---- by Tamsin Lorraine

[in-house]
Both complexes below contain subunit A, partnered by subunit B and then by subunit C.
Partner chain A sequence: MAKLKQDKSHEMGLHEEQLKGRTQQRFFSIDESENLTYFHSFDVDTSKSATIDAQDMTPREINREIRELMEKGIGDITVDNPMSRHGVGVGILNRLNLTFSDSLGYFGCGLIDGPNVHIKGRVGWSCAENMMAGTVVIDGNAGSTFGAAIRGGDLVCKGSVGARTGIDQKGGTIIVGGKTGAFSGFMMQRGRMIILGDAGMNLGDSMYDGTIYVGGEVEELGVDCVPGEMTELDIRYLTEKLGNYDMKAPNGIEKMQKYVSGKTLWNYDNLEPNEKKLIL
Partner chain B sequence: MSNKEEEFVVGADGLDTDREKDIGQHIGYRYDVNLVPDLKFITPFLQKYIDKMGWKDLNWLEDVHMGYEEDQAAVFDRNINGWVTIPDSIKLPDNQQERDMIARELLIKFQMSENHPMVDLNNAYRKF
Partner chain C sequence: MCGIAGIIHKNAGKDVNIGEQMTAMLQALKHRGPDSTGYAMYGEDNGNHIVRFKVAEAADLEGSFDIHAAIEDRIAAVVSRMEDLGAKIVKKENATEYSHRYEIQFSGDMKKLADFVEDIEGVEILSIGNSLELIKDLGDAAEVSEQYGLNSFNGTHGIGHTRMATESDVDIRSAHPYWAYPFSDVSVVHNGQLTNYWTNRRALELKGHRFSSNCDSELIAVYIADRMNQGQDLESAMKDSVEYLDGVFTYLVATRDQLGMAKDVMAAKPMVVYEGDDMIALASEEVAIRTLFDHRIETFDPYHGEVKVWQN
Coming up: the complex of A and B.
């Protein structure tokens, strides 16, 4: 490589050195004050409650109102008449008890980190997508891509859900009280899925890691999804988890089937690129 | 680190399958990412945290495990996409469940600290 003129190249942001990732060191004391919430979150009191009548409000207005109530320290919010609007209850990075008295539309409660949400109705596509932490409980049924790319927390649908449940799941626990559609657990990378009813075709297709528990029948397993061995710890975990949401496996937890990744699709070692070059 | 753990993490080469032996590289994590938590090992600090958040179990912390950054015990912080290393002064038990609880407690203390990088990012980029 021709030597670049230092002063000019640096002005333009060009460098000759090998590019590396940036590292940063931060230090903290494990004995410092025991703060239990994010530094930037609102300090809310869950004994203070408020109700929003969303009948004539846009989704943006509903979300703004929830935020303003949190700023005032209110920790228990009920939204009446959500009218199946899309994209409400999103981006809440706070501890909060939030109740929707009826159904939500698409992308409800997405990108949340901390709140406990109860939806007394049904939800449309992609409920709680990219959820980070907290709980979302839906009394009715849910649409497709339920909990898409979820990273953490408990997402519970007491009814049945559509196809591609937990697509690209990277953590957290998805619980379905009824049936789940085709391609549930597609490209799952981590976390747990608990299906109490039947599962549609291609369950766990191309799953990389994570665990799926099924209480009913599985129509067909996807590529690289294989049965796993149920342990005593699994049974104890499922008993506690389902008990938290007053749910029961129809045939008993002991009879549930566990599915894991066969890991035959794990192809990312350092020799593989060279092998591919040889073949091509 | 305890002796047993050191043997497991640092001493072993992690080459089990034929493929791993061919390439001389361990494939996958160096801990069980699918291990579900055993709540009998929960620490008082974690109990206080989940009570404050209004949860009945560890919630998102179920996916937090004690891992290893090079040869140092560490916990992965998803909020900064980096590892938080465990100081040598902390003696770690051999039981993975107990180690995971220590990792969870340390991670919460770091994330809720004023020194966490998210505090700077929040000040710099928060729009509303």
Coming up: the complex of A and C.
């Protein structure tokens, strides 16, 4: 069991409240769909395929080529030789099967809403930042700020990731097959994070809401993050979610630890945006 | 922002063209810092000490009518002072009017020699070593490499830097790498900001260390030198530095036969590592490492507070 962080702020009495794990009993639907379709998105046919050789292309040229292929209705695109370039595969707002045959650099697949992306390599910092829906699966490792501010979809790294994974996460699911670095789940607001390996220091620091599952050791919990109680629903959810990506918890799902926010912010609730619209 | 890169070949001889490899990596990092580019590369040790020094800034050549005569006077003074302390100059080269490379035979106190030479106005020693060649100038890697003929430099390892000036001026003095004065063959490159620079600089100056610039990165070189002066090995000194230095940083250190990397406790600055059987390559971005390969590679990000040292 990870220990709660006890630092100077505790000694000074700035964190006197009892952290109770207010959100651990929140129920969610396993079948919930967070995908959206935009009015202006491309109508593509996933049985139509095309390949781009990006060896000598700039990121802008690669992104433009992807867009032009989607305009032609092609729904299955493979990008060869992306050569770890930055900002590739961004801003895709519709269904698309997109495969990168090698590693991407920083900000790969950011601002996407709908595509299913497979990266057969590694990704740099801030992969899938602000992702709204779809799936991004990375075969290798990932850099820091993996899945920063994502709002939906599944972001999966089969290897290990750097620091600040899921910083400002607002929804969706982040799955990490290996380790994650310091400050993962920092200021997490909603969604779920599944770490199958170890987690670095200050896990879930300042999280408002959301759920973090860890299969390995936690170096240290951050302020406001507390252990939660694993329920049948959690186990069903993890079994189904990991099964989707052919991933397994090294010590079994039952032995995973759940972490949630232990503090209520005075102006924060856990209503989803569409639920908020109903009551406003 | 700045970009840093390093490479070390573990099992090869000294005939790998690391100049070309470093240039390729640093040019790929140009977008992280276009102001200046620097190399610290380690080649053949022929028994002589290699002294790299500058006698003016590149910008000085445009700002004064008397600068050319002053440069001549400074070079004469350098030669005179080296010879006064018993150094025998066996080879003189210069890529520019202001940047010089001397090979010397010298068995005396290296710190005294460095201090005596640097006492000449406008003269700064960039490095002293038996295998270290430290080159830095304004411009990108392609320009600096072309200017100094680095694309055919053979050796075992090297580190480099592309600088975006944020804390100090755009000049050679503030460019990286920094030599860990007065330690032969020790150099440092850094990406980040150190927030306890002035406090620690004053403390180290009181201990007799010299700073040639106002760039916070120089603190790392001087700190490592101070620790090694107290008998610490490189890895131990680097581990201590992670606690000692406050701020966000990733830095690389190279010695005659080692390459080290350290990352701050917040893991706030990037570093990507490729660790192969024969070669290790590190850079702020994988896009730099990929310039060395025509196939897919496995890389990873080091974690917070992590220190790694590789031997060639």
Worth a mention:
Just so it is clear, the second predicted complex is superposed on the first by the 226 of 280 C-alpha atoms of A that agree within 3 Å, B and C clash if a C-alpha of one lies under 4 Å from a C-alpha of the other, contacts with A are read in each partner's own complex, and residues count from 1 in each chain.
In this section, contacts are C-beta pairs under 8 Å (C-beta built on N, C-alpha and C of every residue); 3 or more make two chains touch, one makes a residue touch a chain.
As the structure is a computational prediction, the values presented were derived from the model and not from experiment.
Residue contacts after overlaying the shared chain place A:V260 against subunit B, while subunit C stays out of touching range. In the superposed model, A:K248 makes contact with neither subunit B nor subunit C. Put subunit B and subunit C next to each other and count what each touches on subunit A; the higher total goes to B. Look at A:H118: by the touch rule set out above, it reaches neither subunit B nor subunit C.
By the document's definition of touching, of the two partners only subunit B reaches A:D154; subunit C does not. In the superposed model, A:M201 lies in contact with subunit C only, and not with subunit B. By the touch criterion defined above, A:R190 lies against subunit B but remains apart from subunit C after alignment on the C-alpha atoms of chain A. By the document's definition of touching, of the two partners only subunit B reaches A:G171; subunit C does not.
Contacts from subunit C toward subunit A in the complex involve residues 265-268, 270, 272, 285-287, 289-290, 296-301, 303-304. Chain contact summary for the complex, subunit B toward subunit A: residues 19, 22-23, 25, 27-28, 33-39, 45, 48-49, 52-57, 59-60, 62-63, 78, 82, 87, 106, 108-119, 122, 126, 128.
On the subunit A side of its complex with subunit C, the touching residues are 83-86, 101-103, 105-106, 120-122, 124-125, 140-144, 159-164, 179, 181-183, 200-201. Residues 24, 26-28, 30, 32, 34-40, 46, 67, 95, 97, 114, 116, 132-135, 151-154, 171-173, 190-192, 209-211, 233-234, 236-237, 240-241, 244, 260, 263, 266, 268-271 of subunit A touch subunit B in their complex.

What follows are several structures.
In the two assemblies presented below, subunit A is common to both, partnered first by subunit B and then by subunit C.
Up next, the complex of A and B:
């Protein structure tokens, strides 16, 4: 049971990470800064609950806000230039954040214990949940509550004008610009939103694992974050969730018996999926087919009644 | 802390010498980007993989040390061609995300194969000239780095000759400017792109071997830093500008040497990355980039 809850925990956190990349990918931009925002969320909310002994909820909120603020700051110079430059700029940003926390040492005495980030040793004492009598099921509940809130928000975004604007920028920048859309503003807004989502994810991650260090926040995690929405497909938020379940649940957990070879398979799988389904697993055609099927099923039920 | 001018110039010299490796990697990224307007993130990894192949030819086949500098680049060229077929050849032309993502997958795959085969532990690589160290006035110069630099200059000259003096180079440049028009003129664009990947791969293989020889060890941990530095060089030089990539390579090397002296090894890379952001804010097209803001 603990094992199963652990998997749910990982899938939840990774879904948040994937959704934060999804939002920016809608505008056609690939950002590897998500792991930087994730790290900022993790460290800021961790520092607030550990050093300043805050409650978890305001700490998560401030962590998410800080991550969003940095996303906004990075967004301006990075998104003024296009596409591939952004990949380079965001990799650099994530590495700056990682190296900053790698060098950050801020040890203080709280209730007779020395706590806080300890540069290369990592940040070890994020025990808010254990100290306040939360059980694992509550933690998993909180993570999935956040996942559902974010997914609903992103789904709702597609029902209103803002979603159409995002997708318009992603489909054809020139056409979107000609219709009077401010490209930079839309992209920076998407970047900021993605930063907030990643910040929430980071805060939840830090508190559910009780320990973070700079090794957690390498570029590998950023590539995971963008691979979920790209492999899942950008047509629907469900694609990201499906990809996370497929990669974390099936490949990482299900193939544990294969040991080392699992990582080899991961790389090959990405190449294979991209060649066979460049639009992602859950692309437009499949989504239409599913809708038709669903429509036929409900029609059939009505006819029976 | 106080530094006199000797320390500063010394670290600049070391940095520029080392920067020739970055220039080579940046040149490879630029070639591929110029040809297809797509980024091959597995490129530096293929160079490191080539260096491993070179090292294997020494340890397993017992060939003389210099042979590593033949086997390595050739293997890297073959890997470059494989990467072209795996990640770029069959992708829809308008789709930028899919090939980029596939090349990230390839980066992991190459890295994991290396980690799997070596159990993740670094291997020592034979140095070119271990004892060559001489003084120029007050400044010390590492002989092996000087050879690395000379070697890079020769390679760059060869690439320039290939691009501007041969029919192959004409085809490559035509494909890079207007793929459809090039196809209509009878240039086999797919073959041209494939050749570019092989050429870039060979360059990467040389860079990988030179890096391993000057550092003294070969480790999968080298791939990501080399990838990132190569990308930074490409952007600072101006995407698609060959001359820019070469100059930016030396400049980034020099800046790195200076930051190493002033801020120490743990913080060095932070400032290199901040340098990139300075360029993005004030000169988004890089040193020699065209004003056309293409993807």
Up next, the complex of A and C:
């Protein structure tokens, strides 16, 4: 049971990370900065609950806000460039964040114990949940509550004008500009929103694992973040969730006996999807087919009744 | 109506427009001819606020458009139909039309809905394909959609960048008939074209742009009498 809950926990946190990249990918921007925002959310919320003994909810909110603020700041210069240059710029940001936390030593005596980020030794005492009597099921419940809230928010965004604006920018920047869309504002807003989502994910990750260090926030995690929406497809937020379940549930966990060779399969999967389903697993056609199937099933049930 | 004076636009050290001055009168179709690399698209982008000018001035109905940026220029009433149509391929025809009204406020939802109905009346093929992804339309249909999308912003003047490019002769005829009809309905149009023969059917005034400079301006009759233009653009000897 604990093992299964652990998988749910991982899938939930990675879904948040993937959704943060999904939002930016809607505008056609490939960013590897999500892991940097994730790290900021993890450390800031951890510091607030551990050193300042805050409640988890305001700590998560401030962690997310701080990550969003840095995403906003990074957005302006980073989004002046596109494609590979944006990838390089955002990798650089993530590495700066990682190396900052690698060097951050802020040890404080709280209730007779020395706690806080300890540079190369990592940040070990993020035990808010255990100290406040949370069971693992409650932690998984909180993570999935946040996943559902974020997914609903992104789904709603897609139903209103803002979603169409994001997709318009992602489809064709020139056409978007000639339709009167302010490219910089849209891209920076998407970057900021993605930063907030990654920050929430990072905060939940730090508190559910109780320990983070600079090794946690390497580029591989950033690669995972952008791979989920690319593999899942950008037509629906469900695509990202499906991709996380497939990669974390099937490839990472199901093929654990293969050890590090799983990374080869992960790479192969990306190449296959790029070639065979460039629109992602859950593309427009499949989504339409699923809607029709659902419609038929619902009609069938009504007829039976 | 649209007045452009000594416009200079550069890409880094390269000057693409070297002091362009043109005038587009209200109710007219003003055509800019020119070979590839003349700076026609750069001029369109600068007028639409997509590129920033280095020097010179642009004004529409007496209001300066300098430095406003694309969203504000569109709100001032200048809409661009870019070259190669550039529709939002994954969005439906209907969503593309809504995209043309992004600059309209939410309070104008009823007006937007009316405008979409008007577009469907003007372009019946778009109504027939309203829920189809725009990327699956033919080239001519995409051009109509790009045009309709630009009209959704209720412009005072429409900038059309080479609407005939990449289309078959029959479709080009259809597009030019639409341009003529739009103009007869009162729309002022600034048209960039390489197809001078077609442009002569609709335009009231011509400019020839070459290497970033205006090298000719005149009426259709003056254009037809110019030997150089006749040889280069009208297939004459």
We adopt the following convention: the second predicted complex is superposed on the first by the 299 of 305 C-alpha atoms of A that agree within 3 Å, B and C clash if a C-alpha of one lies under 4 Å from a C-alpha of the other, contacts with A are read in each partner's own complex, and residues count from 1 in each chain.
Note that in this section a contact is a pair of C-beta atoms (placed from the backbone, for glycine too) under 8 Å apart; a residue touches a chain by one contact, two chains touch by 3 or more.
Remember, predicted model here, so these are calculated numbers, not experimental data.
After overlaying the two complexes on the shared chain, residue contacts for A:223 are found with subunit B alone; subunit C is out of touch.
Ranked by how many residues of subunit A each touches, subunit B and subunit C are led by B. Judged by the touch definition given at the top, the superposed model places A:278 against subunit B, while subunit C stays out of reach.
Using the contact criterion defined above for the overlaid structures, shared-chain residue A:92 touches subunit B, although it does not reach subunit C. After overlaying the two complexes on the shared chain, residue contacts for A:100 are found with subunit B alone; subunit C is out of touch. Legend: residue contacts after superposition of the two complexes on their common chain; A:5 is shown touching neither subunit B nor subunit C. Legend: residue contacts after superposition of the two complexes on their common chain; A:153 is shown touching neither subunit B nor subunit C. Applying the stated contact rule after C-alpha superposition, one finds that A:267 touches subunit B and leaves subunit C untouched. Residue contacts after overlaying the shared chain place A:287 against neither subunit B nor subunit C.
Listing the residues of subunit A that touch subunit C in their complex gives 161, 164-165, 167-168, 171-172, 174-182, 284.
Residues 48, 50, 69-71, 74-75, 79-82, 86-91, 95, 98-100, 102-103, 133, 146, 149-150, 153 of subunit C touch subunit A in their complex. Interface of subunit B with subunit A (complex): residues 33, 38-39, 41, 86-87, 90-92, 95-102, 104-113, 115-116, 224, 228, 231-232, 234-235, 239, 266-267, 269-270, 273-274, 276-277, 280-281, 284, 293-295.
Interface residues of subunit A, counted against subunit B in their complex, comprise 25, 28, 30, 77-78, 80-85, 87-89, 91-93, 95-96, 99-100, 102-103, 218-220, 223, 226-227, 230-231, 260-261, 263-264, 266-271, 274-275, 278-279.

Deleuze and Guattari describe a majority as a standard like 'white-man' or 'adult-male' in comparison to which other quantities can be said to be minoritarian (D&G 1987: 291). Human life in a capitalist society operates on the strata of the organism (various corporeal systems organised into the functioning wholes of biological organisms), 'signifiance' (systems of signifiers and signifieds that interpreters interpret), and subjectification (systems that distribute subjects of enunciation and subjects of the statement - that is, subjects who are speakers, and subjects of what is spoken about). Rather than assume that the subject is somehow prior to the society of which it becomes a member, Deleuze and Guattari take the Foucaultian stance that collective systems of enunciation (these could be compared to Michel Foucault's discursive systems, for example legal discourse) and machinic assemblages (these could be compared to Foucault's nondiscursive systems, for example the bodies, lay-out and behaviours related to the court room) are the condition of the subjects they produce. What counts as meaningful speech is dictated not by an individual subject, but by the systems of 'signifiance' that determine what makes sense in a given situation. What counts as a recognisable subject (to oneself as well as others) is dictated by systems of subjectification that determine a subject's position vis-À-vis others.